LONDONDERRY TOWNSHIP, PA (Dec. 18, 2009) - Significant progress has been made in the completion of Three Mile Island's refueling outage. In recent days, the two new steam generators have been installed, the temporary opening in containment has been sealed and hundreds of other maintenance projects have been completed.
Refurbishment the plant's two cooling towers and the overhaul of two back-up diesel generators has been completed. Thousands of workers continue to work on-site to complete the remaining projects and prepare the plant for a return to service in early 2010.
Data analysis being completed today from two of seven remote monitors near TMI appears to validate readings taken Nov. 21 near the opening of the TMI containment building and reported at that time. The slightly above background radiation readings amount to about a third of the level a person receives from wearing a luminous wristwatch.
In the analysis, one of the monitors located about a mile from the plant showed an increase of 0.02 millirem, an amount well below any immediate reporting limit. The second monitor showed a statistically insignificant change in reading. The samples were taken between Nov. 18 and Nov. 24 and required several weeks to analyze and validate.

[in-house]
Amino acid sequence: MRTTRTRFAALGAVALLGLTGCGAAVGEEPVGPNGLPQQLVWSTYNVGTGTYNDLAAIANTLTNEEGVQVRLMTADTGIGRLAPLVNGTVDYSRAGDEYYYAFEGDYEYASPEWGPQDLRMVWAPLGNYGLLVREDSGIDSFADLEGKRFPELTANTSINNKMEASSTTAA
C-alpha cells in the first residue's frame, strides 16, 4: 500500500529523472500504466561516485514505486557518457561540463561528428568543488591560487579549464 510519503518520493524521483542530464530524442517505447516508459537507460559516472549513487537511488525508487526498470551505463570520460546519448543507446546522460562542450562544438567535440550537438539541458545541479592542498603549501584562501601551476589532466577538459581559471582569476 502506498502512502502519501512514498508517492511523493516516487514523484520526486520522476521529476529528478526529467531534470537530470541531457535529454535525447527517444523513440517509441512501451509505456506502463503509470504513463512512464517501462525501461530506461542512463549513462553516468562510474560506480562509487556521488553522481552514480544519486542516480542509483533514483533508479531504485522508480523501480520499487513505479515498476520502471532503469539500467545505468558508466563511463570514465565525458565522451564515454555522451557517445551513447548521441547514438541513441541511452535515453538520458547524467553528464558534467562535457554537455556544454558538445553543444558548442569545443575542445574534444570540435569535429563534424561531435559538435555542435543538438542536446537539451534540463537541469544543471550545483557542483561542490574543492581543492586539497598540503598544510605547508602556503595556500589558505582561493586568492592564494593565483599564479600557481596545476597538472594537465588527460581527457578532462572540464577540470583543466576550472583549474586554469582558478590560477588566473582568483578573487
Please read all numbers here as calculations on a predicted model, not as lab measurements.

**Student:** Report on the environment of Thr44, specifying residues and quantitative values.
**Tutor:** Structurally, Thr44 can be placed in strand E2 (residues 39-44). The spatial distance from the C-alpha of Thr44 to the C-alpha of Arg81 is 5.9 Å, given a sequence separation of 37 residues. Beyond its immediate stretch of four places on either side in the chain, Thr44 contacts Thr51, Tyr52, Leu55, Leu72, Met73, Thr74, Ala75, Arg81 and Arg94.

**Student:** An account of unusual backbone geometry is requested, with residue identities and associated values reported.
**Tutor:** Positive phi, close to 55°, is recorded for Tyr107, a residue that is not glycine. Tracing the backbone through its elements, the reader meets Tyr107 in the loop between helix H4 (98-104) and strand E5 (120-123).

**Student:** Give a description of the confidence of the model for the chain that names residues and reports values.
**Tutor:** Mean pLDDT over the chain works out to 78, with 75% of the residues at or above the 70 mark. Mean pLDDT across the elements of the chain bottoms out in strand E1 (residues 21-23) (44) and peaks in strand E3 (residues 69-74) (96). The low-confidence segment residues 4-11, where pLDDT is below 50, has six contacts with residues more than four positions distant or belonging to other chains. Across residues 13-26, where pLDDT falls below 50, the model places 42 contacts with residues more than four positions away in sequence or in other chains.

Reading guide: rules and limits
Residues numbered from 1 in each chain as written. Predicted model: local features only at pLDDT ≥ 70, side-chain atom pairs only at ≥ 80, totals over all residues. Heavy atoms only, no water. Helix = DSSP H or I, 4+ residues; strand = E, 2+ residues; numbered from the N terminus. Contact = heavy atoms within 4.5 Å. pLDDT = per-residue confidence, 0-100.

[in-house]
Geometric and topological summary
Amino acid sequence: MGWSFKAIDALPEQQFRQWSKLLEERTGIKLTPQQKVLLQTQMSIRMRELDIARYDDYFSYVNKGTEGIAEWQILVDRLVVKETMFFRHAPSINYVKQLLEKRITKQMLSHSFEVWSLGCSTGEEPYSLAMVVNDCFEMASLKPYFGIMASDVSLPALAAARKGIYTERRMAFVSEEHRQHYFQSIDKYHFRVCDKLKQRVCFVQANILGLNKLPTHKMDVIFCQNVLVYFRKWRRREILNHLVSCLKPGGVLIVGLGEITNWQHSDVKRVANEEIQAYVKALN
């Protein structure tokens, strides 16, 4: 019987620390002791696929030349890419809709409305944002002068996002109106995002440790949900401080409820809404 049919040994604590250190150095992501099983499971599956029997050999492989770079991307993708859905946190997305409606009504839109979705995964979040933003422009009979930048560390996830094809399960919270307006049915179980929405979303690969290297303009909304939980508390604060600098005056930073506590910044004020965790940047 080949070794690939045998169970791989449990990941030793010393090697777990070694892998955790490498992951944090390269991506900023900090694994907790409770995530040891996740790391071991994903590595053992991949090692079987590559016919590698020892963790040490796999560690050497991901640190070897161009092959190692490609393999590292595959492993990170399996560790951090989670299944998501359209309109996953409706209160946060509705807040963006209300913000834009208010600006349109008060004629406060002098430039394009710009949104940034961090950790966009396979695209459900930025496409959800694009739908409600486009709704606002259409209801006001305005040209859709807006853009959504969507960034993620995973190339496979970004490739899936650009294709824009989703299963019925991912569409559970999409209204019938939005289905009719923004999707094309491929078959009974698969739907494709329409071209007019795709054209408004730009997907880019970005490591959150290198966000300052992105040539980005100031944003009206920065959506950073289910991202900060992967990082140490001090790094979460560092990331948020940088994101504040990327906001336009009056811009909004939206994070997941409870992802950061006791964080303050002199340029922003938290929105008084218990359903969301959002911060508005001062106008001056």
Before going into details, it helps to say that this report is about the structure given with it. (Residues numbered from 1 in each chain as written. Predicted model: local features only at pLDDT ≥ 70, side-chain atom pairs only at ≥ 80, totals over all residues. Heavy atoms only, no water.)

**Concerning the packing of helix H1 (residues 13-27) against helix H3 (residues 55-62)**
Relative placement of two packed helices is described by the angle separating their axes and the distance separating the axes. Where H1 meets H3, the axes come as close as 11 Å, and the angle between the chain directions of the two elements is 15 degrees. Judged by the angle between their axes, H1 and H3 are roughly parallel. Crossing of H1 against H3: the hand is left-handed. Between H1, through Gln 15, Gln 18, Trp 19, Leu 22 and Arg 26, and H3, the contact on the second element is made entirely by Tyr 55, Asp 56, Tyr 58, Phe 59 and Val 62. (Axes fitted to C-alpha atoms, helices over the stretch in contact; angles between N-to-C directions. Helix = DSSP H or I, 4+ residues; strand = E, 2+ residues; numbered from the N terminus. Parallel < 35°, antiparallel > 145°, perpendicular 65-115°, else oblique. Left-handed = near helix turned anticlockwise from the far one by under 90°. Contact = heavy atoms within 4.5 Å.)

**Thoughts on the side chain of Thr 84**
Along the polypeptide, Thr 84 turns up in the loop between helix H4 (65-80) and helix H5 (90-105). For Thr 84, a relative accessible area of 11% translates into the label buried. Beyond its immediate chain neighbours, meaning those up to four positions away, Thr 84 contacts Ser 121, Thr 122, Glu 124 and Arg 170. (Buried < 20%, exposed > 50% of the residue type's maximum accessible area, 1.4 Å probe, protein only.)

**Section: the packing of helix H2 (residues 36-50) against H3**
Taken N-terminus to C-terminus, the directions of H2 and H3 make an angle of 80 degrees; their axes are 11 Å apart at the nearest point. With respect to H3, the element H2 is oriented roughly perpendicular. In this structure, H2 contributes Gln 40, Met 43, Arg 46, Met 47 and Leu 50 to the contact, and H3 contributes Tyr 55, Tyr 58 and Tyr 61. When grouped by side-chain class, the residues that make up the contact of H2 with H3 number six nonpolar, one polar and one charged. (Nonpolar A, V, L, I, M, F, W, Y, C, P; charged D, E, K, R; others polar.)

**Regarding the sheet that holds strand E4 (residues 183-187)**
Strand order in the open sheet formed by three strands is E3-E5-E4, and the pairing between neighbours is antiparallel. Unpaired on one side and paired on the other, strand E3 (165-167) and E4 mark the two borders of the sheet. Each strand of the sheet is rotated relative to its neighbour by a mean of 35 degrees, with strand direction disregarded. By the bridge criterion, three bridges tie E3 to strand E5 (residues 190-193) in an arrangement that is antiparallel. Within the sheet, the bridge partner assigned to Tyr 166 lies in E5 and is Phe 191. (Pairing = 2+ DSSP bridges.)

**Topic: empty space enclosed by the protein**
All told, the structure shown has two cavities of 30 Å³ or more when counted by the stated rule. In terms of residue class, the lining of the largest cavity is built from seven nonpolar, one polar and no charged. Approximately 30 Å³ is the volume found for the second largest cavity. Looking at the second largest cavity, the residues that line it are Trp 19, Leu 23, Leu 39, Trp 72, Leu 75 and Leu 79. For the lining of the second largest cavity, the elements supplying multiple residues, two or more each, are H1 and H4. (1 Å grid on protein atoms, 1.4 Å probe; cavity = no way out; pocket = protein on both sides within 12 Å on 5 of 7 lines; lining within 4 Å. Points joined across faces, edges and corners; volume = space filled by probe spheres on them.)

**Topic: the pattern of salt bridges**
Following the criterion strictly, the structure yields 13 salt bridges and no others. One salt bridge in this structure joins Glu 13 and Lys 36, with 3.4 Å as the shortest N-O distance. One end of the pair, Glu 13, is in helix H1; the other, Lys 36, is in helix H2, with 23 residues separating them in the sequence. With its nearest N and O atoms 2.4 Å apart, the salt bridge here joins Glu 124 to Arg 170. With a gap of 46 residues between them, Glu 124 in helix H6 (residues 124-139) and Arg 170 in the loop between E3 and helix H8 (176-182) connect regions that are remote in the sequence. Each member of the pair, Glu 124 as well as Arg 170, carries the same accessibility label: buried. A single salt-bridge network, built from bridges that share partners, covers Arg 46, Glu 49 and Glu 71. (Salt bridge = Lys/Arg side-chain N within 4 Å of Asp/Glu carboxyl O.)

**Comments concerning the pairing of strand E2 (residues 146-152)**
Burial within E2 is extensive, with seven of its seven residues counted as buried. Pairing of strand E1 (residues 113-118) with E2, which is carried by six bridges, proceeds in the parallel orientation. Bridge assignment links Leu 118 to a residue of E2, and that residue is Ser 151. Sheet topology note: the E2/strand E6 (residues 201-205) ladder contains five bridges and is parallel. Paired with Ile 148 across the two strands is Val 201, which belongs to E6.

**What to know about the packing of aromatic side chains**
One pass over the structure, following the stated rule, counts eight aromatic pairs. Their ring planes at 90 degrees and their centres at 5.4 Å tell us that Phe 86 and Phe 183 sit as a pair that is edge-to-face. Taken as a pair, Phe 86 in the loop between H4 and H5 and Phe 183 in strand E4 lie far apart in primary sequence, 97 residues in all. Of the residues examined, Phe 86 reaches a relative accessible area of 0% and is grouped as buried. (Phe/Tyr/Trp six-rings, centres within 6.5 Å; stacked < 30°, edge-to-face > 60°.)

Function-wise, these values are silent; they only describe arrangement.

As reported in a Nov. 21 Exelon news release, a monitor placed at the temporary opening in the TMI containment building wall to allow the new steam generators to be moved inside showed a trace increase at that time and then returned to normal.
"These are very sensitive monitors capable of detecting extremely low levels of radiation. In this case, the amount of radiation detected is equal to about 1/18,000 of a typical person's annual background exposure from natural sources," said Craig Nesbit, vice president of communications for Exelon Generation.
The monitor findings are well below immediate regulatory notification thresholds. Exelon made courtesy notifications to local, state and federal elected and regulatory officials.
"This amount is insignificant from any health or safety perspective, but we felt it was important to let people know what we found," Nesbit said.
A millirem is a measure of radiation exposure. A typical person receives about 360 millirem of radiation annually from natural sources, such as soil and rocks, cosmic rays, food and consumer products. For example, a person living in a brick or stone house receives about seven millirem of exposure a year from radioactive elements in clay and rock. That's 350 times greater than the anomaly recorded at TMI.